Want to get employees excited about upselling? Pay them for it.
That’s the lesson from Bennie Arbour, the CEO of Goldco, a 47-unit Burger King franchisee in South Florida.
A year ago, his company’s sales and traffic were on the decline. But rather than simply give his managers sales and profit improvement goals to reverse the trend, Arbour began looking at what he calls his “leading indicators.”
Those indicators, he said, include upselling, speed of service and total labor. Those indicators can determine the direction of sales and profits at his company’s restaurants.
The problem, however, is that many workers don’t necessarily see the benefit of upselling. “Why would a person making $8,000 a year actually care about upselling?” he said.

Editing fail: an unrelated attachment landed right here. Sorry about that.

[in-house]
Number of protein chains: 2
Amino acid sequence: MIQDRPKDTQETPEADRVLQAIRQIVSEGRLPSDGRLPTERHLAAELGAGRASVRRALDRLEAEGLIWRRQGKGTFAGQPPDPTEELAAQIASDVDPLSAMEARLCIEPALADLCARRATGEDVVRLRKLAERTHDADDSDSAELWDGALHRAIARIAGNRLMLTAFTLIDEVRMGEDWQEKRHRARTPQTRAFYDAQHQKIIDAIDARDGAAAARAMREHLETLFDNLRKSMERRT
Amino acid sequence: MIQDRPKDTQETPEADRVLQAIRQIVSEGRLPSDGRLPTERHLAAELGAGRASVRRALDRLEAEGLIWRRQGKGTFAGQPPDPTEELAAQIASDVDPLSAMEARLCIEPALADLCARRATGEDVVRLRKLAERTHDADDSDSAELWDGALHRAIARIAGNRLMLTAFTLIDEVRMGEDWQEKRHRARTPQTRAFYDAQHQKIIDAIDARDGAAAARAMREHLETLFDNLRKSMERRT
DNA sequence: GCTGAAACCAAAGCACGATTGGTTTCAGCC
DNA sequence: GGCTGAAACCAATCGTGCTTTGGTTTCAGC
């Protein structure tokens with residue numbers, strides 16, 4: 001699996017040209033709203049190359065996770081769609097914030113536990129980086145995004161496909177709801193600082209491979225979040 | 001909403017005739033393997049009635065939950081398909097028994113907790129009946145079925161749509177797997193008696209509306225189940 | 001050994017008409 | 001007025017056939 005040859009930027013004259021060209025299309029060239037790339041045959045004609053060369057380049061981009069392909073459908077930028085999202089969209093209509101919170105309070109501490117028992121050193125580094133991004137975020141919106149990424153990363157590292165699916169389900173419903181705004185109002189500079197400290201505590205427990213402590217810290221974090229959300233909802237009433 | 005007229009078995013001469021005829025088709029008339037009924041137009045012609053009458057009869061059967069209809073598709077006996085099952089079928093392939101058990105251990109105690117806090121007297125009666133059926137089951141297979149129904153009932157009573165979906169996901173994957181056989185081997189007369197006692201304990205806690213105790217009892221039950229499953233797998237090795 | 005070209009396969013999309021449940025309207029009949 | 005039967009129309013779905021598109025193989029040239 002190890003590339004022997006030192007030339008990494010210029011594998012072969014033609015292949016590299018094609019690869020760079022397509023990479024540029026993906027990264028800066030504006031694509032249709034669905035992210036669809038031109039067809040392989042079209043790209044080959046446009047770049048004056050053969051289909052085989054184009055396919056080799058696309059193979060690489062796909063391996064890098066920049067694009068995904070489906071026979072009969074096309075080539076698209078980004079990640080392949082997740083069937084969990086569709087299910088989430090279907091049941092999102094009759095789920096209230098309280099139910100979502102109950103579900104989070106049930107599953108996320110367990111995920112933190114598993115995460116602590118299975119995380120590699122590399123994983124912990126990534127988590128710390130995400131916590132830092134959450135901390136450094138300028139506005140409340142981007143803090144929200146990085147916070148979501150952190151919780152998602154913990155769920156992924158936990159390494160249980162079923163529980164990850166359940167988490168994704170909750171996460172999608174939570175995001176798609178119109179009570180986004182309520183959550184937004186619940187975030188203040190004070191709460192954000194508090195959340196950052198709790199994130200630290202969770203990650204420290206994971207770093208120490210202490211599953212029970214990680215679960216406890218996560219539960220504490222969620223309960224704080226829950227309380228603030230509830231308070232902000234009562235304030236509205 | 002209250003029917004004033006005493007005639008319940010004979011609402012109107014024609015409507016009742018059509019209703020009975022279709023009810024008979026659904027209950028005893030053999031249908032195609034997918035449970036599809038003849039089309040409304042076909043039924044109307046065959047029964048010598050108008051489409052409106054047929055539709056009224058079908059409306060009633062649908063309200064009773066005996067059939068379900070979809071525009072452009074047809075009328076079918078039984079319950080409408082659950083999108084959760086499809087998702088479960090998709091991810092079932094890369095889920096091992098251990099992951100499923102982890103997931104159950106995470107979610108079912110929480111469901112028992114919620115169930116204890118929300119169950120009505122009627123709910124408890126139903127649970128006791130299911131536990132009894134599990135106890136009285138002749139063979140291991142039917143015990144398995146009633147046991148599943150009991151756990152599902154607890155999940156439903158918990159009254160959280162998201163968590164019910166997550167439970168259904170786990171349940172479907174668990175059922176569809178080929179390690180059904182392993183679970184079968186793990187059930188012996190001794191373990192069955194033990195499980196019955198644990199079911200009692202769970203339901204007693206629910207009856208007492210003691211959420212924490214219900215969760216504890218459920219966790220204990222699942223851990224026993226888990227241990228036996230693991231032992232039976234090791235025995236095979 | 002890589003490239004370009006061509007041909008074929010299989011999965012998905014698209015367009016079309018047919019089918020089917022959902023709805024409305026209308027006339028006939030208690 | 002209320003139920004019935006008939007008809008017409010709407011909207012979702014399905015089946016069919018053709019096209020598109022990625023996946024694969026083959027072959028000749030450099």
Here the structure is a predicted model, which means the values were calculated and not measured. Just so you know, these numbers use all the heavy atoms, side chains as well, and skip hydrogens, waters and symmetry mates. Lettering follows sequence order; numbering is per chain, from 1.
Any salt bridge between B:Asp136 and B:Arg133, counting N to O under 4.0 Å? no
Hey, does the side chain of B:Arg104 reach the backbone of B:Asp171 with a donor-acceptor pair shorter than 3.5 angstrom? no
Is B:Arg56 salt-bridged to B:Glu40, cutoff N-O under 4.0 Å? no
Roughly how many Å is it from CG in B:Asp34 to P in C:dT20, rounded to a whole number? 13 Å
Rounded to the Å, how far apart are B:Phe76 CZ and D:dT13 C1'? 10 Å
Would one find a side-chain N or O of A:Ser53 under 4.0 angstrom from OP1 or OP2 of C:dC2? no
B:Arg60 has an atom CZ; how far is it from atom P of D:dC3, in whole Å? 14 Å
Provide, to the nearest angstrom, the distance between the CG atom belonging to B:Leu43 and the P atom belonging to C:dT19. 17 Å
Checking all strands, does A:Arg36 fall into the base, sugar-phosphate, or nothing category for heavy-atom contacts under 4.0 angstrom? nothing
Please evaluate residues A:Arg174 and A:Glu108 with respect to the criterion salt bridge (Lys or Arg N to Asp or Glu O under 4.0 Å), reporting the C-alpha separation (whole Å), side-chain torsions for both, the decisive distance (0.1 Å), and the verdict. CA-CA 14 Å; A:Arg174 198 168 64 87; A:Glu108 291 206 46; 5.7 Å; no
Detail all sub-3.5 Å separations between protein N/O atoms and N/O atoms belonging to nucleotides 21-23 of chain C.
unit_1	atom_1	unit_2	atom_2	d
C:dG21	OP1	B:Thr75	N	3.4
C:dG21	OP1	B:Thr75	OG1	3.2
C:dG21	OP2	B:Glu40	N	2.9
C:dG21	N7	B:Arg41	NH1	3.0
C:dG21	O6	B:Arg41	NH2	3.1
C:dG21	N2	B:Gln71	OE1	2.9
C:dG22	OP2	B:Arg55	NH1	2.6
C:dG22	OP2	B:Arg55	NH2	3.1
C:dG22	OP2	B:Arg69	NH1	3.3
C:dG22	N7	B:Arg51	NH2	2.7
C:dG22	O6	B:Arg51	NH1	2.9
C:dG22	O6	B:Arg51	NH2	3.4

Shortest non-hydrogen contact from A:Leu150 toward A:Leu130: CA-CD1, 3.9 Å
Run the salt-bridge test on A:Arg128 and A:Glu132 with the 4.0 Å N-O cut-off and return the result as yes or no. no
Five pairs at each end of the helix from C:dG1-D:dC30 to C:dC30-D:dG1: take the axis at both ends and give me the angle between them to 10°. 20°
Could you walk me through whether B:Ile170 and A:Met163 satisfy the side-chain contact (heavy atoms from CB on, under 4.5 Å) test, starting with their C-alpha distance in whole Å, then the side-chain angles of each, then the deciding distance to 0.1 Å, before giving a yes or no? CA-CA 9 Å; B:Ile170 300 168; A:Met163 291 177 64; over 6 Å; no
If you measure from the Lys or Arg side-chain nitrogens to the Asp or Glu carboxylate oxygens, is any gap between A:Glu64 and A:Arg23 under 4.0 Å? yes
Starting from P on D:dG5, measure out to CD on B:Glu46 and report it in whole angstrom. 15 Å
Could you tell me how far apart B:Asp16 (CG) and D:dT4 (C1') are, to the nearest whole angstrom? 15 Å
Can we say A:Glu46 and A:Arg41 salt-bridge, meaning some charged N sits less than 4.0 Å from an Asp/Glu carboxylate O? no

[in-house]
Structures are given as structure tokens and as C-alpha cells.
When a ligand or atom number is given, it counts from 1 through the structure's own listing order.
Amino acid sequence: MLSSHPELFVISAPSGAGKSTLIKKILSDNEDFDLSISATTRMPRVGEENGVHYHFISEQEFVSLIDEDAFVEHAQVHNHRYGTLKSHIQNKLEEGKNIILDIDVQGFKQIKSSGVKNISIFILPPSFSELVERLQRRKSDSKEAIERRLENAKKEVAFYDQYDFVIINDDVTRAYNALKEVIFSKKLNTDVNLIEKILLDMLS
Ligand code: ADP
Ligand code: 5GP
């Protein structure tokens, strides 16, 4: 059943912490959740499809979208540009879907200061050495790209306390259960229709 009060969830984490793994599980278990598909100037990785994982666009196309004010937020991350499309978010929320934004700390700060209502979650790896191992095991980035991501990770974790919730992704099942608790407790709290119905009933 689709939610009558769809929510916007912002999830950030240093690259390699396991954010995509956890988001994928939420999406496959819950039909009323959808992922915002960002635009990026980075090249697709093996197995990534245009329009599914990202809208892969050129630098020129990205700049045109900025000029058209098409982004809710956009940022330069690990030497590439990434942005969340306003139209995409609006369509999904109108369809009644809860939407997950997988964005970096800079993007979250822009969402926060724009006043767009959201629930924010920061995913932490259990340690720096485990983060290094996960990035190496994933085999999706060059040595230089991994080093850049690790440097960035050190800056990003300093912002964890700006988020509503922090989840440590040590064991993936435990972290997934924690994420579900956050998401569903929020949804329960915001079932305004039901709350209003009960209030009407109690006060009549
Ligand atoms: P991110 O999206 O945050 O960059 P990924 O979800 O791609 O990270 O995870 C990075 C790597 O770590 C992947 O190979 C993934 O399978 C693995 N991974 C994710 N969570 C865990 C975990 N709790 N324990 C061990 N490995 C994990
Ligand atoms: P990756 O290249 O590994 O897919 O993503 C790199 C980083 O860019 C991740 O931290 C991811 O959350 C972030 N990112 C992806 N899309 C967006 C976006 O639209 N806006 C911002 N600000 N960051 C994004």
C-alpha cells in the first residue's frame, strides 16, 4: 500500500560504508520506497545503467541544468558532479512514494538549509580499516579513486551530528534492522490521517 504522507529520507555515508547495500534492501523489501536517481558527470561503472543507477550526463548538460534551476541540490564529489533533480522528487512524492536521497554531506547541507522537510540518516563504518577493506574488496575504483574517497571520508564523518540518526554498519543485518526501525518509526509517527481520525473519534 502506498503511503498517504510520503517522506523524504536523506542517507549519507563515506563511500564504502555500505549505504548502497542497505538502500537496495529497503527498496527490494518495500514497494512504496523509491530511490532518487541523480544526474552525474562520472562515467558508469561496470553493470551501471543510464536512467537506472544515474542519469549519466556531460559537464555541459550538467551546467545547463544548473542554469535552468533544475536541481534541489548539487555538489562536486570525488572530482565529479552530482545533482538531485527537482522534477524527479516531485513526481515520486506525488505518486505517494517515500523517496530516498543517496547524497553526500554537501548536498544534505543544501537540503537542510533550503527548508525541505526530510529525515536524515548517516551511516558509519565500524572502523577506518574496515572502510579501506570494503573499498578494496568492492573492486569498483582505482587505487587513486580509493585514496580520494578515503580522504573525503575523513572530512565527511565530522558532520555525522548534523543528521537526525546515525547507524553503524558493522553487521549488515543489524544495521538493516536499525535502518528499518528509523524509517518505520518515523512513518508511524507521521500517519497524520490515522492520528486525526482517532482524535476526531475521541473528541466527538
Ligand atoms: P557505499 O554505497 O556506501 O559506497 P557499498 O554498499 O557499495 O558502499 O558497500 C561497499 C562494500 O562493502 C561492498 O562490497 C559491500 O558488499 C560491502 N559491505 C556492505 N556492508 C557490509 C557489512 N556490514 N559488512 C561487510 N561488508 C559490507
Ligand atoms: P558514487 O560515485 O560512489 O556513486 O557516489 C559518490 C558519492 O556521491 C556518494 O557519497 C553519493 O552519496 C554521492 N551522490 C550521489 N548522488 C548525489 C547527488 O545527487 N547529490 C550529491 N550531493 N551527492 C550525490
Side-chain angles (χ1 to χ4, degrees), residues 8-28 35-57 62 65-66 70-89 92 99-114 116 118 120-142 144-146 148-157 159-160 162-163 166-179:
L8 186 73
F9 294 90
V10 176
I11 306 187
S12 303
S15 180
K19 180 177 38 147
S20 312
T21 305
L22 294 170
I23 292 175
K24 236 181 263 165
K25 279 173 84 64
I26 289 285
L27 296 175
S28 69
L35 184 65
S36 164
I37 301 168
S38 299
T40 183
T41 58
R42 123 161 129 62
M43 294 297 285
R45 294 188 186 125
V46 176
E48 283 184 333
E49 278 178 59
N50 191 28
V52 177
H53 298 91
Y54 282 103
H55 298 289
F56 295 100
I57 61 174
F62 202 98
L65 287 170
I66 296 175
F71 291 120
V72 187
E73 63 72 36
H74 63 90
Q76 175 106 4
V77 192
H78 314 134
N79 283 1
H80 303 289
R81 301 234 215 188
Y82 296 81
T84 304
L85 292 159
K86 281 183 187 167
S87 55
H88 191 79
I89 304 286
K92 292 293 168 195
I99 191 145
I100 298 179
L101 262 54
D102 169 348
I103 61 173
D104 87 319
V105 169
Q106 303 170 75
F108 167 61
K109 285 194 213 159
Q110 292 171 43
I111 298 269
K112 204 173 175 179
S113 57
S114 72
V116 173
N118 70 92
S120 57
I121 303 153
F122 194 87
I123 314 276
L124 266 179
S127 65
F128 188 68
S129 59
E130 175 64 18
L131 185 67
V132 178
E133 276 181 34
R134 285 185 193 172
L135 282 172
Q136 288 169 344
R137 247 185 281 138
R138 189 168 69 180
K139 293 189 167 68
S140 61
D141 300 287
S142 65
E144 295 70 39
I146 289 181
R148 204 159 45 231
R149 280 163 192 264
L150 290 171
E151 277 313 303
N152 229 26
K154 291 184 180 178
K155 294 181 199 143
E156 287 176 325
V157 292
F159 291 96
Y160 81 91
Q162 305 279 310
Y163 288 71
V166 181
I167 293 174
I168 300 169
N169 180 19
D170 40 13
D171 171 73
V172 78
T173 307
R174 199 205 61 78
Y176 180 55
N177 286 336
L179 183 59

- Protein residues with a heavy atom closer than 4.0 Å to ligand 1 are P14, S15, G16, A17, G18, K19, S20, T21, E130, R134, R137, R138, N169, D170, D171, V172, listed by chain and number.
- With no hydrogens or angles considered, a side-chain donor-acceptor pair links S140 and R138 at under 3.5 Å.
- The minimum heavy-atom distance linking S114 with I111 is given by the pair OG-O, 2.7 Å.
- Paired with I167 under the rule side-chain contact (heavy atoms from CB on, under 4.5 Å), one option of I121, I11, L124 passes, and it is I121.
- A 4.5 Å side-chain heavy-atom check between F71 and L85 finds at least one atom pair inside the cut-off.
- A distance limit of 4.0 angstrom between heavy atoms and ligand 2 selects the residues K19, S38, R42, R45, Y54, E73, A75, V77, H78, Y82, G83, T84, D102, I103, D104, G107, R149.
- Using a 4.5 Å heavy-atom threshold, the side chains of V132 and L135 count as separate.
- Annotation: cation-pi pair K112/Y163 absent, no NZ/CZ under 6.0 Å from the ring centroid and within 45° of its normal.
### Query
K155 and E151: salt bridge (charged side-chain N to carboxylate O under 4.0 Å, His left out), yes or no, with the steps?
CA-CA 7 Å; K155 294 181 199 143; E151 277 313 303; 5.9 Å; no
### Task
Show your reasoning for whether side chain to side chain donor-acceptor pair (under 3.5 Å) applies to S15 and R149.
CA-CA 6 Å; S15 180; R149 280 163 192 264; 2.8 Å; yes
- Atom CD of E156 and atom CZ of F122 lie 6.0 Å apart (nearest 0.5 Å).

So Arbour provided them with an incentive. To get his company’s 1,400 workers moving in the same direction, he began paying them monthly incentives for following through with those leading indicators. Crew members who upsell can get a $25 bonus. Managers who hit their targets can get as much as $1,000.
While $25 might not seem like much, to a part-time worker it’s a nice little bonus. And the incentive has worked. “Oh my God, it totally turned around same-store sales and traffic,” Arbour said. The incentive costs him about $30,000 to $35,000 a month.
In an era in which the industry is complaining loudly about rising minimum wages and required employee benefits, more than a few restaurant owners are finding out real benefits toward financial rewards or higher pay. Restaurants can improve service, sales and build loyalty, which can be rare in the restaurant business.
In Arbour’s case, the incentives have had a measurable impact on sales. For instance, the company currently has a cookie promotion, and workers are being encouraged to upsell customers on Burger King’s cookies. Sales of the treat have tripled. Those are sales that the company otherwise wouldn’t have.